Segerstrom Applies to Build Skyscraper : 32-Story Costa Mesa Structure Would Be County’s Tallest; Some Opposition Voiced

Times Staff Writer

Rushing to beat a planning deadline today, the C.J. Segerstrom & Sons development firm has filed plans with Costa Mesa to build a 32-story skyscraper that would be the county’s tallest building.

The company filed an application Wednesday to combine its earlier proposals for two 15-story high-rises into a single 32-story building, topped by a three-story cupola, on the north side of the San Diego Freeway at Harbor Boulevard.

The proposed building would overshadow the company’s 21-story Center Tower in Costa Mesa, now the county’s tallest building, and add yet another silhouette to the city’s growing urban skyline.

Segerstrom officials acknowledged that they were under the gun because of a one-year city moratorium, effective today, which would delay any change in development plans for the office project.

11th-Hour Move

The company’s 11th-hour move has raised the ire and concern of at least two City Council members, who say the project will lead to the further urbanization of Costa Mesa, which already is at the center of the county’s high-rise office building boom.


The change in plans would apply only to the first phase of the Segerstrom plan for developing about 90 acres of prime land--a project to be named South Coast Place--adjacent to the San Diego Freeway between Harbor Boulevard and the old Segerstrom family homestead on Fairview Road.

About 18 months ago, the Costa Mesa City Council approved the company’s master plan for the entire area, which calls for a 400-room hotel, 2.7-million square feet of office space and 80,000 square feet of retail space. A 25-story building still is tentatively planned for another part of the property.

Segerstrom officials said the change in plans will not increase the total amount of office space in the project, and added that the consolidation of two proposed buildings into one skyscraper would free more land for open space. They declined to reveal the cost of the proposed 32-story building.

In Wooded Park

In a statement released Thursday, the Segerstrom company said the proposed high-rise of granite and marble would be “placed in a 14-acre wooded park with large grass malls radiating from each of the building’s entrances.” A nonprofit day-care center that will serve children of employees in the development and be subsidized by the buildings’ tenants will be constructed in the first phase of construction.

However, Costa Mesa Vice Mayor Mary Hornbuckle and Councilman Dave Wheeler contend that the 32-story building would create an eyesore for nearby residents. They said it would be preferable to delay any decision on the skyscraper until the City Council completes its reassessment of the existing citywide plan for future growth.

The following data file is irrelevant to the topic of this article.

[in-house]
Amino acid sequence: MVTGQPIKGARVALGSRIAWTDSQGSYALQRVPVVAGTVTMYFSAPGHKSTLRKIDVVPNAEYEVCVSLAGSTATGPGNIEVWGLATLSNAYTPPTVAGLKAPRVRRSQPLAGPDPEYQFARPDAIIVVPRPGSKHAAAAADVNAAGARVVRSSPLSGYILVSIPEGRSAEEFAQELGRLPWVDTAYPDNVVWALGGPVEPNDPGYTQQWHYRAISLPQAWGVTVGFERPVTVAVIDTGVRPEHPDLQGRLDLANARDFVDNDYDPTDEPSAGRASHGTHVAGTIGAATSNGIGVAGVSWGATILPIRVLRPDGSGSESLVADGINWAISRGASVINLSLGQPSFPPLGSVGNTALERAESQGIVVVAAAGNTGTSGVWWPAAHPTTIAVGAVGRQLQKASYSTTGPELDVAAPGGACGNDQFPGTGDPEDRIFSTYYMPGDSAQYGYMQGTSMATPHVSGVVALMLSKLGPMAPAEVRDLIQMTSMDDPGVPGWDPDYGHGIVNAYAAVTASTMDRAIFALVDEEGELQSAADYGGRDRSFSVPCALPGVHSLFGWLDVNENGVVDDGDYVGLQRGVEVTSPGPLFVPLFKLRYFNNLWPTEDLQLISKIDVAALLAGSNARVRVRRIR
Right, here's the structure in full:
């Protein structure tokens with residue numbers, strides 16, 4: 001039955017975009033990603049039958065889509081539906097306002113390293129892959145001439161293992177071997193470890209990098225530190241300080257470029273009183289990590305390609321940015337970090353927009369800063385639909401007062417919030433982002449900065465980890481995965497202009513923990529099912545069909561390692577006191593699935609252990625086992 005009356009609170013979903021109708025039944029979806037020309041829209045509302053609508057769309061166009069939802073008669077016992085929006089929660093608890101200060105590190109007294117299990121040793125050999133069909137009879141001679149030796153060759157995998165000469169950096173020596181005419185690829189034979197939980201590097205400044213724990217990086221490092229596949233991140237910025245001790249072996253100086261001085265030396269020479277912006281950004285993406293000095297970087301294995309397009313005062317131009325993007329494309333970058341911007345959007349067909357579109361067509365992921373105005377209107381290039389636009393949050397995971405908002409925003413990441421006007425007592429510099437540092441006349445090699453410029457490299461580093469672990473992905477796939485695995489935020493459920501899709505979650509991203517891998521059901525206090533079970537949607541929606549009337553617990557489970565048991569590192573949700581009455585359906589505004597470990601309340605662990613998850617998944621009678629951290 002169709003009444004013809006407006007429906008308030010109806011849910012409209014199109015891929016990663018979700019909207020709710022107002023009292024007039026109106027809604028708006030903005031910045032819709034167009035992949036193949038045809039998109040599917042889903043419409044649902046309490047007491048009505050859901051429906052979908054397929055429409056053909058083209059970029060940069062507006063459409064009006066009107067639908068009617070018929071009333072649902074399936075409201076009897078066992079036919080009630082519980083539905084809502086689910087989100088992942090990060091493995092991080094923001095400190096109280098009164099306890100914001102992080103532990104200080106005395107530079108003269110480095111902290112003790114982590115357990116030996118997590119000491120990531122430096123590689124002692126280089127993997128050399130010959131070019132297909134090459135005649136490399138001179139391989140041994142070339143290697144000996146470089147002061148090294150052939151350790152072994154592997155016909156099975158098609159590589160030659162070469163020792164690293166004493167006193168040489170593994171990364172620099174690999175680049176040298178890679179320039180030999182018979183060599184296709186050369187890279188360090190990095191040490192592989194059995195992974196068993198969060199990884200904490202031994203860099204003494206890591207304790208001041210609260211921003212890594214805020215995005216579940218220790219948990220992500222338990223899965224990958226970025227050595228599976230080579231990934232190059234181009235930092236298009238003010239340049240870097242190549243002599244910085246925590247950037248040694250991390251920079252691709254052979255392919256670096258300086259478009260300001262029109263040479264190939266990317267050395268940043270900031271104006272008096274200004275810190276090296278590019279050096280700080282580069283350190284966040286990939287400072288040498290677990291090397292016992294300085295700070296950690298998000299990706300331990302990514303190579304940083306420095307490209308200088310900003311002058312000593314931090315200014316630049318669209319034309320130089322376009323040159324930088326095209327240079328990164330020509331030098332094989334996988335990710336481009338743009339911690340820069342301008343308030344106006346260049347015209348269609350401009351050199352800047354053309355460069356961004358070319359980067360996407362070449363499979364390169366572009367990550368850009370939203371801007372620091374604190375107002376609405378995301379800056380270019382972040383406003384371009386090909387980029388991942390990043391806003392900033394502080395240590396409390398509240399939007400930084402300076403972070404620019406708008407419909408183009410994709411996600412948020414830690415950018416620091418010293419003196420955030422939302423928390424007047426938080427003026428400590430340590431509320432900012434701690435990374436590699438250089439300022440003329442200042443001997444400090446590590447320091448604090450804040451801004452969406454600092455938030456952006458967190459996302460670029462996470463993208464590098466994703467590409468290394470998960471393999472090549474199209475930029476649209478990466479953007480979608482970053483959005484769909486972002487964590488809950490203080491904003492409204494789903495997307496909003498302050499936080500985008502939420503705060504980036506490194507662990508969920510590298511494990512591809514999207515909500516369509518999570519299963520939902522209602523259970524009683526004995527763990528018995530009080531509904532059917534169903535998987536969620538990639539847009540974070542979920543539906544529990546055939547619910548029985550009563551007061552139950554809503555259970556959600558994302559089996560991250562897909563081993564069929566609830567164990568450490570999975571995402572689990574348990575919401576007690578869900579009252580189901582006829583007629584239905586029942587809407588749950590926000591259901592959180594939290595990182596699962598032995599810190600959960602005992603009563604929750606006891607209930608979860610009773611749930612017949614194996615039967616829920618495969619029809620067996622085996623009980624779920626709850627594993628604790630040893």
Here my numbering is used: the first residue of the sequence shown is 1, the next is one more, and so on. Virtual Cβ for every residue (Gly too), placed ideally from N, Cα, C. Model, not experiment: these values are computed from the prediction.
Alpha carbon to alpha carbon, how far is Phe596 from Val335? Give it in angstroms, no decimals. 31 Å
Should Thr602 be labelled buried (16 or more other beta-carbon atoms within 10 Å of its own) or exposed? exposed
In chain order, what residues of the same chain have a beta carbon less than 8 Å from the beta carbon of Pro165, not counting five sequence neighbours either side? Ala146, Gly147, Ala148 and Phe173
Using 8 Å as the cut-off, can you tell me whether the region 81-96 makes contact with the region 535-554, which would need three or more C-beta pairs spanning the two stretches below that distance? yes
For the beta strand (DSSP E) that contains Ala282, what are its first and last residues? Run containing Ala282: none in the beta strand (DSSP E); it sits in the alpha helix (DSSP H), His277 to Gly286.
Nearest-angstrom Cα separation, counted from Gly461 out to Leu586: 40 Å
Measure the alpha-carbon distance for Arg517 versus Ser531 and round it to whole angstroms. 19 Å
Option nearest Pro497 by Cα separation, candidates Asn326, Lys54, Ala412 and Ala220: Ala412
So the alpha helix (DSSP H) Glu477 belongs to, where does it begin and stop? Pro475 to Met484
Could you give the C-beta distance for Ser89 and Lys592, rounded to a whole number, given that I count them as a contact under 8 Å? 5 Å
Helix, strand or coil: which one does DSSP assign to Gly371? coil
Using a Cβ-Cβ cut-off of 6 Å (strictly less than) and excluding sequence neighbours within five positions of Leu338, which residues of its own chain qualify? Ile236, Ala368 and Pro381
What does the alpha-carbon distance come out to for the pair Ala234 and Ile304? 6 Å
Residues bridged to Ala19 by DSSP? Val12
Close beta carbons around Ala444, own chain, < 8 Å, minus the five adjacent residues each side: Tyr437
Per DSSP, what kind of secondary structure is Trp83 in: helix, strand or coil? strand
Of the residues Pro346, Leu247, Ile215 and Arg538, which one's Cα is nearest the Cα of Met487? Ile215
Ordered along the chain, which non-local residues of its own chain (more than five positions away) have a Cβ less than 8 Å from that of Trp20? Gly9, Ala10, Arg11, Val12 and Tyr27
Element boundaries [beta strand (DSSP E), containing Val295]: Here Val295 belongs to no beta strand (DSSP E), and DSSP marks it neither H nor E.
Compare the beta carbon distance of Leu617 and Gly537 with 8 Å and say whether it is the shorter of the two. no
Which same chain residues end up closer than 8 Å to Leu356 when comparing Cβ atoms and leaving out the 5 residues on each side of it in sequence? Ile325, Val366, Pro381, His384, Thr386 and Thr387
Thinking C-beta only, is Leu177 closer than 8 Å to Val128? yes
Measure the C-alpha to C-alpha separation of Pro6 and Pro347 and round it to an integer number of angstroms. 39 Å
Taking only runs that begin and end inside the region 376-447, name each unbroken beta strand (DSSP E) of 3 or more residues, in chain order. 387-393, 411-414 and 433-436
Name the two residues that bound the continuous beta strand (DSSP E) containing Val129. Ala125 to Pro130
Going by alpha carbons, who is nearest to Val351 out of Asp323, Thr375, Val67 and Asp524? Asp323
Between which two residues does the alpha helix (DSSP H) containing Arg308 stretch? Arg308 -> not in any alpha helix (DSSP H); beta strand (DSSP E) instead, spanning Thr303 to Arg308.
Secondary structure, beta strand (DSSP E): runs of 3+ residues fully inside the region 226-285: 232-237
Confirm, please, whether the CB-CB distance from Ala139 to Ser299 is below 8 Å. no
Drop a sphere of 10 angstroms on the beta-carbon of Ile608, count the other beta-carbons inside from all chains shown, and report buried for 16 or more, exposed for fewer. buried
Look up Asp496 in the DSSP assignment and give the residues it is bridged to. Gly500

“We should formulate the master plan first and then evaluate the project to see if it’s compatible with our land-use goals,” said Wheeler.

Wheeler added, however, that he personally considers the proposed new skyscraper “a travesty.” He said: “It will severely impact half the city by sight and the whole city in terms of air quality and traffic.”

Moreover, he predicted that the employees who work in the building will increase demands on the city’s scarce supply of rental housing, causing rents to rise.

Wheeler acknowledged that Costa Mesa already is an urban hub but said it is time for the city to draw the line.

“Unfortunately we are stuck with a lot of bad decisions made by former councils. But it is not what the people want. The people want less congestion and less high-density development,” he said.

Hornbuckle said she felt the most sympathy for homeowners who would live less than half a mile from the proposed building. “If I lived with a skyscraper in my backyard, I wouldn’t like it,” she said. The vice mayor added that Segerstrom’s proposed plan revision is “sure to require” additional environmental impact review by the city’s staff.

Officials Contacted

Segerstrom spokesman Tom Santley said the development firm had contacted all the City Council members and as many planning commissioners as possible in the past two weeks to outline the change in plans.

He conceded that some information about the project was sketchy--which he blamed on the company’s haste to beat the moratorium deadline. But he added that questions about construction schedules and the number of persons who would work in the new structure would be answered at a future time.

Doug Clark, development services director for the City of Costa Mesa, estimated that the Segerstrom proposal would be heard by the Planning Commission next February and in March by the City Council.